The bob is back (not that it ever went away)
Truth: the bob is one haircut that never goes out of style. From the the flapper era to the ’60s mod movement, the bob has seen it all. And it’s still going strong. Britney Spears just bobbed it out this week. J.Lo debuted a slightly longer version last month. And Emma Stone and Rachel McAdams joined bob forces on the red carpet a few weeks back. If you’re starting to feel bob-worthy yourself, you may have a few questions before you chop it all off. Don’t worry, here’s everything you need to know.
What Makes The Blunt Bob So Modern?
In the past, we used to wear A-line style bobs much more dramatically. Victoria Beckham circa 2008, anyone? We would often leave about three inches or more between the length in the back from the length to the front. And when we would create layers, we would focus more in the nape of the neck, creating dramatic, stacked layers that only existed from the occipital bone down to the nape. Then, we would leave the front more one length and dramatic against the shorter, heavily layered back.
Now, we focus more on total balance. There’s less volume at the crown (which was created from the shorter layers in the back in the past) and there’s more distributed weight throughout. The idea is to play up the natural fall more, letting the perimeter and the mid-length take center stage, just as they would naturally with a bedhead kind of feel, instead of focusing on the crown. The heavy ends also create a very modern shape because they swing so beautifully over the shoulder with a nice, clean, minimalist line. Think Karlie Kloss or Jessica Alba’s style.
Why is it the new timeless style?
This particular style is so popular among women for so many reasons. It can activate texture in wavy or curly hair without giving too much body and volume and without creating the dreaded triangle shape. It also adds just enough weight to pull out frizz. On the other hand, it can give straight and fine hair a thicker appearance. It’s also incredibly precise with the shorter pieces in the back pushing towards the longer length in the front creating a very natural swing along the perimeter line. Technically speaking, this is the perfect way to create a modern shape with little effort on lots of different hair types.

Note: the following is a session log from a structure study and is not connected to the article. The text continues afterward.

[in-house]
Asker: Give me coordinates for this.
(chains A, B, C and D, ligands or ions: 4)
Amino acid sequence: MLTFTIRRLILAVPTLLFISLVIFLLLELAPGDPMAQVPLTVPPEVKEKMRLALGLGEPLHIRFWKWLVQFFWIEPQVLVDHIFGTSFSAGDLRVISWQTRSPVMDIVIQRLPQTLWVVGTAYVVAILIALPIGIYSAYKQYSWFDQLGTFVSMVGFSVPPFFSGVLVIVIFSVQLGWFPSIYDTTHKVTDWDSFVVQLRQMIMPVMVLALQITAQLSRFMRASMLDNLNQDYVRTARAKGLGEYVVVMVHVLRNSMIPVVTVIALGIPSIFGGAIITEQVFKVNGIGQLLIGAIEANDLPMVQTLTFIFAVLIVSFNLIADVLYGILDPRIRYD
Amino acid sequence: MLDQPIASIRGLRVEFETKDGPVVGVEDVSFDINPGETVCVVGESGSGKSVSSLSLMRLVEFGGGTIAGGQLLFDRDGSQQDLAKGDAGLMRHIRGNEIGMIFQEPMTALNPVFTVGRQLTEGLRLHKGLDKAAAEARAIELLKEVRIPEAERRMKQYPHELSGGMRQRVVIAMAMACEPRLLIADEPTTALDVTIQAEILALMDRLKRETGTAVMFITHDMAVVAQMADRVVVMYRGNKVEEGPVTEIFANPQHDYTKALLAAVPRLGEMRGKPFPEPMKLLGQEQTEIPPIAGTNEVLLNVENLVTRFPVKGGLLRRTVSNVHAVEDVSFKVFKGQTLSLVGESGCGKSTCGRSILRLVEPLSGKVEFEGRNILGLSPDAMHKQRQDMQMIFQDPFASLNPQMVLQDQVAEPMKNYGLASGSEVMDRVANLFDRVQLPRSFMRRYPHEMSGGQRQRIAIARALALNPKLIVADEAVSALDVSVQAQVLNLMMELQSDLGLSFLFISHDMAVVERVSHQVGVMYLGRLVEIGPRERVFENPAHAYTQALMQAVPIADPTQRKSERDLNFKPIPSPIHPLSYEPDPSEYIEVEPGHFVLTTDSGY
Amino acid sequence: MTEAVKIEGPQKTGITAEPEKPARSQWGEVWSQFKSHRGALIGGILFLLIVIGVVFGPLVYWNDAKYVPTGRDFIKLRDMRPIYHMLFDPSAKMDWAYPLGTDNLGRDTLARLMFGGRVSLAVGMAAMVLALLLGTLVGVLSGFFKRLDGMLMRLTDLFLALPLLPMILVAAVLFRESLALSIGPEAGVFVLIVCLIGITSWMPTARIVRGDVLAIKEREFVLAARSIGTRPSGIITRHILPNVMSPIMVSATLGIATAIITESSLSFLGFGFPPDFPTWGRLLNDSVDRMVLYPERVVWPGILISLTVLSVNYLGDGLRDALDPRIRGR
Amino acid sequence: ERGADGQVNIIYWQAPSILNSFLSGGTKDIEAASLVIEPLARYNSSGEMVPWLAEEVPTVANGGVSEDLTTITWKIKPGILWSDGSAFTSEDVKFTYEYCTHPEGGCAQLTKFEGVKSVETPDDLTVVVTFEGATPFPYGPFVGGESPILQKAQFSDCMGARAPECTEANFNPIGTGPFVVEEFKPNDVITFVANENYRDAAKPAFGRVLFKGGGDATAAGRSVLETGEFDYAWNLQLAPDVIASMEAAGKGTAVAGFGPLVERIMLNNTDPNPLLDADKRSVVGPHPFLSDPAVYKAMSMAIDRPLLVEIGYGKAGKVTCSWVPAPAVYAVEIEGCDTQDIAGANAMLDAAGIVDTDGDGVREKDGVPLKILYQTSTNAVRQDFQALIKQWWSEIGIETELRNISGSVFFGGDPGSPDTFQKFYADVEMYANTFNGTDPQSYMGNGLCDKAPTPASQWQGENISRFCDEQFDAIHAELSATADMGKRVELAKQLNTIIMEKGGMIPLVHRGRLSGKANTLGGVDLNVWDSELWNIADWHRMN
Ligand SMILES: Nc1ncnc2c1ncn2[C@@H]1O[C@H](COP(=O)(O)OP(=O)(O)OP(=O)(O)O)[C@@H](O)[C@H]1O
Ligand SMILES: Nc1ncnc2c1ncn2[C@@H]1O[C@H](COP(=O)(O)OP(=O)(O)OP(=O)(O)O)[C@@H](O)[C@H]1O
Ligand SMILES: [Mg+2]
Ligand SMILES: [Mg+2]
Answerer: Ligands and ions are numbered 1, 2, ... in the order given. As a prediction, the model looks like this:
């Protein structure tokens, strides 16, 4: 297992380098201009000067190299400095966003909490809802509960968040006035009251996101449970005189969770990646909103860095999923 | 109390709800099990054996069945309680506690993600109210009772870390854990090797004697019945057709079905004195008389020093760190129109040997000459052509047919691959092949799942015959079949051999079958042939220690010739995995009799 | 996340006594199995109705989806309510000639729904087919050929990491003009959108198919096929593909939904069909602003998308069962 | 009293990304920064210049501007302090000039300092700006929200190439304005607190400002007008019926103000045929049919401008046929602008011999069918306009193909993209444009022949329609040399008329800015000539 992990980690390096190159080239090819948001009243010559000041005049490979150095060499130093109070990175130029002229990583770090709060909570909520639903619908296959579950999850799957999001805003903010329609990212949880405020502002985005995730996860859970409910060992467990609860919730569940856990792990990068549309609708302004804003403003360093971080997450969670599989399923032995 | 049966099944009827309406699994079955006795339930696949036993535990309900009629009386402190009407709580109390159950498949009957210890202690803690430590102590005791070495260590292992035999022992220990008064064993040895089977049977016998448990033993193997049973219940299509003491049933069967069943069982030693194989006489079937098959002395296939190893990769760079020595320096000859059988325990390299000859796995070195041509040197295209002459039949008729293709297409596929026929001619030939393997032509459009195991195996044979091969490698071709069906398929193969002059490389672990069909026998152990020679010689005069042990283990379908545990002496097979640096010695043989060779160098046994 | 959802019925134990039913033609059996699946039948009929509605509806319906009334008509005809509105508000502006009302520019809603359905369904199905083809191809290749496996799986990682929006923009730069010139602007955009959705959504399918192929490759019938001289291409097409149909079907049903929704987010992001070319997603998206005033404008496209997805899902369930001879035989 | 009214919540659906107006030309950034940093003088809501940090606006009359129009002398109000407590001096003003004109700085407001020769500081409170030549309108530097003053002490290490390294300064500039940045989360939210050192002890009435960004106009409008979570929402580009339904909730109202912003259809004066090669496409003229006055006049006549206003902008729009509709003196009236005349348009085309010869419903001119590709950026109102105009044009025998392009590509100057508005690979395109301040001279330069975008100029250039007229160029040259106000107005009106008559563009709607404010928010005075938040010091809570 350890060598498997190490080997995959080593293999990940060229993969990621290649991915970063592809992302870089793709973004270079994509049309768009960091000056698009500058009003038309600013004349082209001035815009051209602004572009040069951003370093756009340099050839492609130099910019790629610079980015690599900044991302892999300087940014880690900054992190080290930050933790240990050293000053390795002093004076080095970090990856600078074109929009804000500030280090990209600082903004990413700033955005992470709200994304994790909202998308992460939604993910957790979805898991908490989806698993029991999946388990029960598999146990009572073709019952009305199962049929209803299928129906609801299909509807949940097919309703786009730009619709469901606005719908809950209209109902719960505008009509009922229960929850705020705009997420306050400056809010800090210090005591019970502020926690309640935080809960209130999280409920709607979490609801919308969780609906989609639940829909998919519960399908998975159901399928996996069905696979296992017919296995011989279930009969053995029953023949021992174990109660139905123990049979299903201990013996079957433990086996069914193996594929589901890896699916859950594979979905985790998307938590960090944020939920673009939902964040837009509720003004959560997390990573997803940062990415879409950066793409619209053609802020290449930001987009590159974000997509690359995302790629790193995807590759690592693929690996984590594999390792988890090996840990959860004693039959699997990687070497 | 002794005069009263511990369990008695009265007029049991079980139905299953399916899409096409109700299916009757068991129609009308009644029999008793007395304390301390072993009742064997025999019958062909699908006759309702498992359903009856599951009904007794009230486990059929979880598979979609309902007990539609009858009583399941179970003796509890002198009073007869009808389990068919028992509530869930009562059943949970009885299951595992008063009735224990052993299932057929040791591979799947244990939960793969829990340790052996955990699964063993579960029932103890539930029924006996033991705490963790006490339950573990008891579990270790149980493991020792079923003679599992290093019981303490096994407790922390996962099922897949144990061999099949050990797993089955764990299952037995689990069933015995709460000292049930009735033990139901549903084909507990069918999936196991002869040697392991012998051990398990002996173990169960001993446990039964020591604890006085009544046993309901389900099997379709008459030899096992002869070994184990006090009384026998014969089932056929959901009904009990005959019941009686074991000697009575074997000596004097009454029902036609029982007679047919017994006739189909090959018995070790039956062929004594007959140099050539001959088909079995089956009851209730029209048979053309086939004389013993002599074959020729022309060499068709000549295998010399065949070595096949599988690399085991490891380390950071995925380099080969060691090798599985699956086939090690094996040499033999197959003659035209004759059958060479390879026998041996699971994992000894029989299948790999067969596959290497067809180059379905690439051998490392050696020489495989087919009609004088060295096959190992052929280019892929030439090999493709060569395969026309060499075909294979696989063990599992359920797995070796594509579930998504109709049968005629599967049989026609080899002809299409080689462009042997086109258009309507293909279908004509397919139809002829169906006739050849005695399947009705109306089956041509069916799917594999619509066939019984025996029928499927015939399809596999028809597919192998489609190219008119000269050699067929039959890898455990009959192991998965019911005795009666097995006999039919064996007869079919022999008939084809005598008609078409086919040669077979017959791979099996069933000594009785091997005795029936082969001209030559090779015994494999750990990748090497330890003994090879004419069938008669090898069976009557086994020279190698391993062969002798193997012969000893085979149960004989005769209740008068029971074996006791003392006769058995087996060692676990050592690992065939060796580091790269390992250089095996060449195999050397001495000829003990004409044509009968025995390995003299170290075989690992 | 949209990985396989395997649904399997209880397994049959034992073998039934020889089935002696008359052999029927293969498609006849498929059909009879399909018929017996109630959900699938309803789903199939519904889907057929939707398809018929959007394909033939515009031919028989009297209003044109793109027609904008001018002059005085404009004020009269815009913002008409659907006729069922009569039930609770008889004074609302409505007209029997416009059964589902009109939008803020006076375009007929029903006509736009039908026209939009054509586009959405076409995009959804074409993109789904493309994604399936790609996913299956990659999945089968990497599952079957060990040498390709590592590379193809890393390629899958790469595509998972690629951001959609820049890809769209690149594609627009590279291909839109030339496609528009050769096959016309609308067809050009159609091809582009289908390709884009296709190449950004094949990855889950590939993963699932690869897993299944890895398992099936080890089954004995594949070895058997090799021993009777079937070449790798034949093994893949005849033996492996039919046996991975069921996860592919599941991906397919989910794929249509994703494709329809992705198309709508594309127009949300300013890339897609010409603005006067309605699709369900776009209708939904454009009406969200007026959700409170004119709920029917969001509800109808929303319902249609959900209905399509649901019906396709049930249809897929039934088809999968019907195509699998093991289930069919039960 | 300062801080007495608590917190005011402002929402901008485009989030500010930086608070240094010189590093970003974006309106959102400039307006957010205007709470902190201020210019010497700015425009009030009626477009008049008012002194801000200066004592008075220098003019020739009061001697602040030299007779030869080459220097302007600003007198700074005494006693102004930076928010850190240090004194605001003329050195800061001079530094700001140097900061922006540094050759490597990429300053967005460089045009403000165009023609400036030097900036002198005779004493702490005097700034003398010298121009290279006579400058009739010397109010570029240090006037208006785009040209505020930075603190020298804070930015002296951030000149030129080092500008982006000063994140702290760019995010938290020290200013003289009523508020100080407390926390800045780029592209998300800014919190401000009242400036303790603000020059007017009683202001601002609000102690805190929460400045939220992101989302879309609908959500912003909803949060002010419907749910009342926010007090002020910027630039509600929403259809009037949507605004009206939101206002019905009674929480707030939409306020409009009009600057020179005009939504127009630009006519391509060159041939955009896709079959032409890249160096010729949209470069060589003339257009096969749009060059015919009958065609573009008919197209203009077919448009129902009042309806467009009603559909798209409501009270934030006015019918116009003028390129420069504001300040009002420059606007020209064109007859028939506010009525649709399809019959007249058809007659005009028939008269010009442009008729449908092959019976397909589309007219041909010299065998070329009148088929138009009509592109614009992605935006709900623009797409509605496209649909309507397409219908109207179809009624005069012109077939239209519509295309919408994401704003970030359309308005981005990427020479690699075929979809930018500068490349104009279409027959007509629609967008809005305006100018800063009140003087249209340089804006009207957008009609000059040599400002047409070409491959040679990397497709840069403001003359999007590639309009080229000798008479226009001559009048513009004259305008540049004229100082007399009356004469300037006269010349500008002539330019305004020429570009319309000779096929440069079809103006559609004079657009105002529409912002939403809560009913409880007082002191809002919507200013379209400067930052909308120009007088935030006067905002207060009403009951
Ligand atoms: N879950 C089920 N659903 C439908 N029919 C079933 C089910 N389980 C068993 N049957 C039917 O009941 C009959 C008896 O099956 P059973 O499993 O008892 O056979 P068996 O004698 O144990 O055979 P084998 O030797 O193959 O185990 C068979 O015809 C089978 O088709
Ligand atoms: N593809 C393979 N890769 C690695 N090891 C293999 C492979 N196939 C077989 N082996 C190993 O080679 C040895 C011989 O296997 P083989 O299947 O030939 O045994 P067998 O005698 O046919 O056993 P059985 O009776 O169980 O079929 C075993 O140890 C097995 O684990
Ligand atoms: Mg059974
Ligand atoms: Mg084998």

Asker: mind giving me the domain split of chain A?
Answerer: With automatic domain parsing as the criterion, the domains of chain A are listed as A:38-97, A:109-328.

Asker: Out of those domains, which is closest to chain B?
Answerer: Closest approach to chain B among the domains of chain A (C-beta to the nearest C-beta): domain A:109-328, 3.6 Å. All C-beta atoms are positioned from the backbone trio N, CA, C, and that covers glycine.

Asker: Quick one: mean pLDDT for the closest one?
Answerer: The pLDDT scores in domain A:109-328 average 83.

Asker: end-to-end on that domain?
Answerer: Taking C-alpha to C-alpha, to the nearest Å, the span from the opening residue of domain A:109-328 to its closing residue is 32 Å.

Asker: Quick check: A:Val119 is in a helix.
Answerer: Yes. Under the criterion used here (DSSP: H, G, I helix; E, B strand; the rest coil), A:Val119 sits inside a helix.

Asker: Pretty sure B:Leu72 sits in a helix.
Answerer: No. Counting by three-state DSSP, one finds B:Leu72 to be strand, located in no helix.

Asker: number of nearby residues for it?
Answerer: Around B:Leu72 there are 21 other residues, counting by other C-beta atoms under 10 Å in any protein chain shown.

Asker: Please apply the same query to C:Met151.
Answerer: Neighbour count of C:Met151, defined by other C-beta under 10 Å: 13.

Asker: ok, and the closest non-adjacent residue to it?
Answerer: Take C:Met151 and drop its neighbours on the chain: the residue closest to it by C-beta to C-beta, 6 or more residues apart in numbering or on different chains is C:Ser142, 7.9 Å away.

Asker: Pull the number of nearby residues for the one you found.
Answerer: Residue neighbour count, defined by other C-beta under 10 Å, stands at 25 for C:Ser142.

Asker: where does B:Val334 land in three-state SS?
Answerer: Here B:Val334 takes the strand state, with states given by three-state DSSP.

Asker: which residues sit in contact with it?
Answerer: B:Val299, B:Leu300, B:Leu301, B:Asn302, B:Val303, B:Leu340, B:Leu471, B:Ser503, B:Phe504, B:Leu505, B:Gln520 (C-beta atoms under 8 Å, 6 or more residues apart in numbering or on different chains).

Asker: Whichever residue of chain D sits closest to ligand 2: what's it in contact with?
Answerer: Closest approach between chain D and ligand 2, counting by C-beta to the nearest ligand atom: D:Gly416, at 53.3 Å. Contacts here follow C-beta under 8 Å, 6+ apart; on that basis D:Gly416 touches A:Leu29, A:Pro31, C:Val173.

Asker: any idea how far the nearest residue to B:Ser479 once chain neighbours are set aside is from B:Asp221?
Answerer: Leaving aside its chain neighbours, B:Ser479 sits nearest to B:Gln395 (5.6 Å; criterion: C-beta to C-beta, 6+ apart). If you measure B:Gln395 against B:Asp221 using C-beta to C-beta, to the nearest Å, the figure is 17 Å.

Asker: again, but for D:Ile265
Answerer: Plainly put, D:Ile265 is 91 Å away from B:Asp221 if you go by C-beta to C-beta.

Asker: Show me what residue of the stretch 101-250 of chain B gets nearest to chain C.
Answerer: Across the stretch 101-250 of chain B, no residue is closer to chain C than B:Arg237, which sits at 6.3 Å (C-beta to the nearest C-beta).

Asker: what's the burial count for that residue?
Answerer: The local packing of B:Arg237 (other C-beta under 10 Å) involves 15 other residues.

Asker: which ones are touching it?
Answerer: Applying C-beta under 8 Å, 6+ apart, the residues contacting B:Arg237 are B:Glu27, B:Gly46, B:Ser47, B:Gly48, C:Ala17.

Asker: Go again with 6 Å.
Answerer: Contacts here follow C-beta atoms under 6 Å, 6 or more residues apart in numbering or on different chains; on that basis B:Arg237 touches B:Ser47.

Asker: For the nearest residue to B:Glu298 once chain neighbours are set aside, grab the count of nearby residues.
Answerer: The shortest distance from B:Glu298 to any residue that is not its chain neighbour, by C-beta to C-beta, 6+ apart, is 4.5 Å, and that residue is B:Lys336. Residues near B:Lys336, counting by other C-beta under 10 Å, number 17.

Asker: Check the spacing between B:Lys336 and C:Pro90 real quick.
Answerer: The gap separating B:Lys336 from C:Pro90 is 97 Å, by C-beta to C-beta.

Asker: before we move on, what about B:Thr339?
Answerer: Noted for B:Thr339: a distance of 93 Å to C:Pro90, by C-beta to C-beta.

Most intriguing however, is the way this haircut is so effortless yet sophisticated. It grows out beautifully and requires very little maintenance in between cuts. It is the perfect “off duty model” hairstyle and any hair type can pull it off with the right finishing and styling technique.
What Keywords Do I Use When Asking For It?
A great hairdresser should be able to talk you through a consultation to come to the perfect idea of what you want for your haircut. However, these keywords will help you to understand potential questions your hairdresser might ask you when deciding on this cut. And they will also empower you to understand and own this haircut during the process of having it created on you.
Perimeter Line- The base line of a haircut. This is the part of the hairstyle that dictates where the length will sit. It can be blunt or textured, depending on the desired shape of the overall haircut.
Blunt- The ends should be cut bluntly, meaning they should be left heavy and untouched from the first initial cut line at the perimeter. Some women have used the word “chunky” to describe a blunt texture when sitting in my chair, but if you really want your hairdresser to understand what that means to you, use the word blunt instead.